(Updates with Martin Act in fourth paragraph.)
July 5 (Bloomberg) -- MetLife Inc. and Genworth Financial Inc. units are among nine companies subpoenaed last month as part of New York Attorney General Eric Schneiderman’s probe of the life insurance industry’s handling of so-called abandoned property, a person familiar with the matter said.
The probe is seeking to determine whether the companies do enough to determine whether someone has died and benefits are due, the person said.
About 35 other states are looking into whether the insurance industry is adequately handling abandoned property such as unclaimed life-insurance proceeds.
New York State may invoke the powerful Martin Act, a statute that does not require proof of intent to defraud, the person said. It also can bring false claims accusations based on the companies’ representations to the state comptroller and the state treasury, said the person, who declined to be identified because the matter is under investigation.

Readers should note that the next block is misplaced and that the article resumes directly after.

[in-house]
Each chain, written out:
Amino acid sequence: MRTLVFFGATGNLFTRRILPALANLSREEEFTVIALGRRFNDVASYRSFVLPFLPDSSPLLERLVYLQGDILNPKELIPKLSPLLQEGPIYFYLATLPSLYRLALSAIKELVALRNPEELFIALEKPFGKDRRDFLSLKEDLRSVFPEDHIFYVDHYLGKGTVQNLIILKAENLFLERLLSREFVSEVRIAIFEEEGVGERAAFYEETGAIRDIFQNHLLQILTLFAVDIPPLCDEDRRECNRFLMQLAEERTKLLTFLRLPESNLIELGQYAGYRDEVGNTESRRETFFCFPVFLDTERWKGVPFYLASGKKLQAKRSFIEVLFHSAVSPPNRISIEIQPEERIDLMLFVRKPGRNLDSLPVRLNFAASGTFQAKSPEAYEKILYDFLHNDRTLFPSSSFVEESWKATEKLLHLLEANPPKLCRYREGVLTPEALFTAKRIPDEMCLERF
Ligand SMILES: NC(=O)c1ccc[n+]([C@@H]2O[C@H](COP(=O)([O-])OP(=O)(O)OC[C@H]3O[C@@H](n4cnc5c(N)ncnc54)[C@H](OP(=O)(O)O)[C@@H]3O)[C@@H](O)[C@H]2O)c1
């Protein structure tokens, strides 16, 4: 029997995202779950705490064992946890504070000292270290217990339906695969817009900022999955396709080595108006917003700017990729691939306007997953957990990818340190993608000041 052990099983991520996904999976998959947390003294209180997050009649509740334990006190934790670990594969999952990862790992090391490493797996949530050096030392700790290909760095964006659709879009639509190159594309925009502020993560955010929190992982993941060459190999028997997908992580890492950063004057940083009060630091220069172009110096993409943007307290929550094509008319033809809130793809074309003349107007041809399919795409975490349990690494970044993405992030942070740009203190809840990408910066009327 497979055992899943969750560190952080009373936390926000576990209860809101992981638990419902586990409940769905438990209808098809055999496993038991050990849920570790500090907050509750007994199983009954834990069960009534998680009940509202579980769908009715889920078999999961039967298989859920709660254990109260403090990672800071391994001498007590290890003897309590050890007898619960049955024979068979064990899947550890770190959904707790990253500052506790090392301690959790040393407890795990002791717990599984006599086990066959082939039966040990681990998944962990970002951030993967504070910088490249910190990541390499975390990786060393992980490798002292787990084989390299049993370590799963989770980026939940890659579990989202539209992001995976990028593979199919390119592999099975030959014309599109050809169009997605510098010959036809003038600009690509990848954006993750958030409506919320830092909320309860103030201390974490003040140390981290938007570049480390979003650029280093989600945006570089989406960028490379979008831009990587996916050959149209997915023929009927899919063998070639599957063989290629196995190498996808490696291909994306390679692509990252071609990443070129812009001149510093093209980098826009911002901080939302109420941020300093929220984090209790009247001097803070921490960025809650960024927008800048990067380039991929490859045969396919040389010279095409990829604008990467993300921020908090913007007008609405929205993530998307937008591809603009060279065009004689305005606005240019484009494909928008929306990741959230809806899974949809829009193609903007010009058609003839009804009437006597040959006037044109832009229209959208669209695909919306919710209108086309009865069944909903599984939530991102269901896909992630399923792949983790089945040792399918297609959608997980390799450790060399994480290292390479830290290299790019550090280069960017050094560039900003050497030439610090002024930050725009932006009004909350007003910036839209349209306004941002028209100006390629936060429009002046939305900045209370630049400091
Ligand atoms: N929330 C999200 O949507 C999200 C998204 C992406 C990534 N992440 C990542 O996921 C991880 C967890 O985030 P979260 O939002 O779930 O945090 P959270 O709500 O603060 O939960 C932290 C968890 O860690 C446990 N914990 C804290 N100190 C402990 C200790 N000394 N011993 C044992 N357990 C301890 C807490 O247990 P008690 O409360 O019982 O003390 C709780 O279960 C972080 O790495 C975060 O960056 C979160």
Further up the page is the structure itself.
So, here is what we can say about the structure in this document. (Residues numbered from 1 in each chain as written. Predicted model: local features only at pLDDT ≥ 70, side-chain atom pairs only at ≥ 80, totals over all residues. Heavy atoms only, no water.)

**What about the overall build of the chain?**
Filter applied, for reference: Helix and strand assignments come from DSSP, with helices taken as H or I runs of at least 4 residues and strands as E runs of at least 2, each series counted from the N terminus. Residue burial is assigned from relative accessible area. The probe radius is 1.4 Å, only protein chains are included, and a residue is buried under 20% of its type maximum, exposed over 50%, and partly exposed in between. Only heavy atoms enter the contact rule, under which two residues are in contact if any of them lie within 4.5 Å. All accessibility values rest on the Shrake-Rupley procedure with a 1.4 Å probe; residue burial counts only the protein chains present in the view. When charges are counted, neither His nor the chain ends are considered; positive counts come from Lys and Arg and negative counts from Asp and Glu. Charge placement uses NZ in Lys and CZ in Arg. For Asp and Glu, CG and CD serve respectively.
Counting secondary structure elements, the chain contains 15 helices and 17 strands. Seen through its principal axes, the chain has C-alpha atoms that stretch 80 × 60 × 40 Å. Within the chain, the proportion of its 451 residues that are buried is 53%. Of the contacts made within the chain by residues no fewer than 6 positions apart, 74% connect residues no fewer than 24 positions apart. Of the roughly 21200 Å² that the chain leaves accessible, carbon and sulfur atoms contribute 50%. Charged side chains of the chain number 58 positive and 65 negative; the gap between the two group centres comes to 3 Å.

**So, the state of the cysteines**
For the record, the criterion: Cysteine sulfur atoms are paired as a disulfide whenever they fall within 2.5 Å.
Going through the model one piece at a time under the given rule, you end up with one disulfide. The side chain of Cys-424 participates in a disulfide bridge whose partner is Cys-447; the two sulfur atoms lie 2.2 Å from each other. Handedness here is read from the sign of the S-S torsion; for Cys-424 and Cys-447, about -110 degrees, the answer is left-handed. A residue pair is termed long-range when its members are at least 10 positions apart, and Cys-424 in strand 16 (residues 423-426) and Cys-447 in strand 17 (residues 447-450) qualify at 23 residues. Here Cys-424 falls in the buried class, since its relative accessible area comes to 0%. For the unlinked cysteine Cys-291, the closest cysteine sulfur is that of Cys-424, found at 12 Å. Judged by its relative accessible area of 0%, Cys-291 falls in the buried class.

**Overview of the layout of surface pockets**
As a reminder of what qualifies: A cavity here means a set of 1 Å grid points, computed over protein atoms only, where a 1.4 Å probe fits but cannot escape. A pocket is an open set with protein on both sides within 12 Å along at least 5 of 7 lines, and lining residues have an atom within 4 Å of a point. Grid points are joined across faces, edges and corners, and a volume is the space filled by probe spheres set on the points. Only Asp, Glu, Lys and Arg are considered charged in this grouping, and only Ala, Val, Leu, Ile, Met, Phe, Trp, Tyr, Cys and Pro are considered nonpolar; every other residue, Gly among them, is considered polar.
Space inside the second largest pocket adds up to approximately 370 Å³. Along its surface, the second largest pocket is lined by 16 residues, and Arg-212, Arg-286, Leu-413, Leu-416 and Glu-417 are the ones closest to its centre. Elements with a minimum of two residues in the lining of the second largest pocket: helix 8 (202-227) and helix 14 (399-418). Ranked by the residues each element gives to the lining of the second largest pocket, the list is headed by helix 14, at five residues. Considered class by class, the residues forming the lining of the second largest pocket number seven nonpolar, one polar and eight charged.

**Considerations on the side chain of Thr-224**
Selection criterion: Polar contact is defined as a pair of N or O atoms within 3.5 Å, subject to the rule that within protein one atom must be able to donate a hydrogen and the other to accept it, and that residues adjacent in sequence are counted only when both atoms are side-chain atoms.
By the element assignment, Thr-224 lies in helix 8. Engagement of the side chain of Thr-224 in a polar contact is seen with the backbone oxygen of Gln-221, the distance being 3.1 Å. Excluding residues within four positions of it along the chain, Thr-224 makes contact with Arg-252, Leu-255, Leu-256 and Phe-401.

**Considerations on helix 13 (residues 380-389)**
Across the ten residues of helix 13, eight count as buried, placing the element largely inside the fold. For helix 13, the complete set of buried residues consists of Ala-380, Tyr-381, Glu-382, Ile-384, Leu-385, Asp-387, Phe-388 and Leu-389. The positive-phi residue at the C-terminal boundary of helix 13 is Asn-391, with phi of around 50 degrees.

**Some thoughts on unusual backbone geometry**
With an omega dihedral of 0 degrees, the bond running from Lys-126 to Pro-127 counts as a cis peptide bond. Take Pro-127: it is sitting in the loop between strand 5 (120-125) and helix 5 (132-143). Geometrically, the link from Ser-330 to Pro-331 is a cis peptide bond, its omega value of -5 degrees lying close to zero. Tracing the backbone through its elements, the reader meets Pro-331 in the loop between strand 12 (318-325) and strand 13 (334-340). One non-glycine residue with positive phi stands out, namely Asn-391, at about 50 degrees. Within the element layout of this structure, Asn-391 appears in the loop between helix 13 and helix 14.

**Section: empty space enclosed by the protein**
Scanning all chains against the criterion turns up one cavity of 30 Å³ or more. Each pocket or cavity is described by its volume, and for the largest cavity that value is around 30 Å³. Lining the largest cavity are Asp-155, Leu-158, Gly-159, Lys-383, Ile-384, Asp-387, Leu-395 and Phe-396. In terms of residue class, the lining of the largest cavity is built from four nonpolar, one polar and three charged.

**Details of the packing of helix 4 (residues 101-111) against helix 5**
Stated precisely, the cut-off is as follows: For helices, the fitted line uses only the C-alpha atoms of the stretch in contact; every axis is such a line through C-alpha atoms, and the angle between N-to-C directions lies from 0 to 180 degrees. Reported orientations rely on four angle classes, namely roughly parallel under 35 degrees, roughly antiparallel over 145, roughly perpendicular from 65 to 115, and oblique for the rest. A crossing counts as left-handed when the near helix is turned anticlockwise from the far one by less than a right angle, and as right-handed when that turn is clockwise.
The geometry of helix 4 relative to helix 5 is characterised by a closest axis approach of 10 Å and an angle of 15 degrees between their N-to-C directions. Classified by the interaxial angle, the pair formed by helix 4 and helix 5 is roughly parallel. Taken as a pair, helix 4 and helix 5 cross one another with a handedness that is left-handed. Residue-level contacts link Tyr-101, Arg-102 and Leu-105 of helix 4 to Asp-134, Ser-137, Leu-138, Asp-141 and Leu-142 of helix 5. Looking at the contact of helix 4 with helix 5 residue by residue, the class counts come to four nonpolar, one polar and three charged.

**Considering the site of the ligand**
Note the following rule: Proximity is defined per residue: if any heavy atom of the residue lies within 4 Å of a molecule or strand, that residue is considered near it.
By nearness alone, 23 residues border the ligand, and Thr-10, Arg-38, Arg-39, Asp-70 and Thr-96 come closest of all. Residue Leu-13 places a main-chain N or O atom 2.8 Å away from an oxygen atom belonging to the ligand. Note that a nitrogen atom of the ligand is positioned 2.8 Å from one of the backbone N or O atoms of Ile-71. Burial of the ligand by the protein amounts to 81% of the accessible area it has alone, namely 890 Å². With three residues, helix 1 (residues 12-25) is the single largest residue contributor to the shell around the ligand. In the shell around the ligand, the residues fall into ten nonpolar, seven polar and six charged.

The probe has been going on for several months, the person said. The subpoenas seek documents and information related to the companies’ procedures around abandoned property.
Lauren Passalacqua, a spokeswoman for Schneiderman’s office, declined to comment.
John Calagna, a MetLife spokesman, declined to comment. Simon Locke, a spokesman for Prudential, declined to comment in a phone interview.
The subpoenas were previously reported in the Wall Street Journal.
In addition to MetLife and Genworth, companies and units subpoenaed include AXA Equitable Funds Management Group LLC; The Guardian Life Insurance Co. of America; John Hancock Insurance Agency Inc.; MassMutual Asset Finance LLC; New York Life LLC; Prudential Insurance Agency LLC; and TIAA-CREF Insurance Agency LLC, according to the person.
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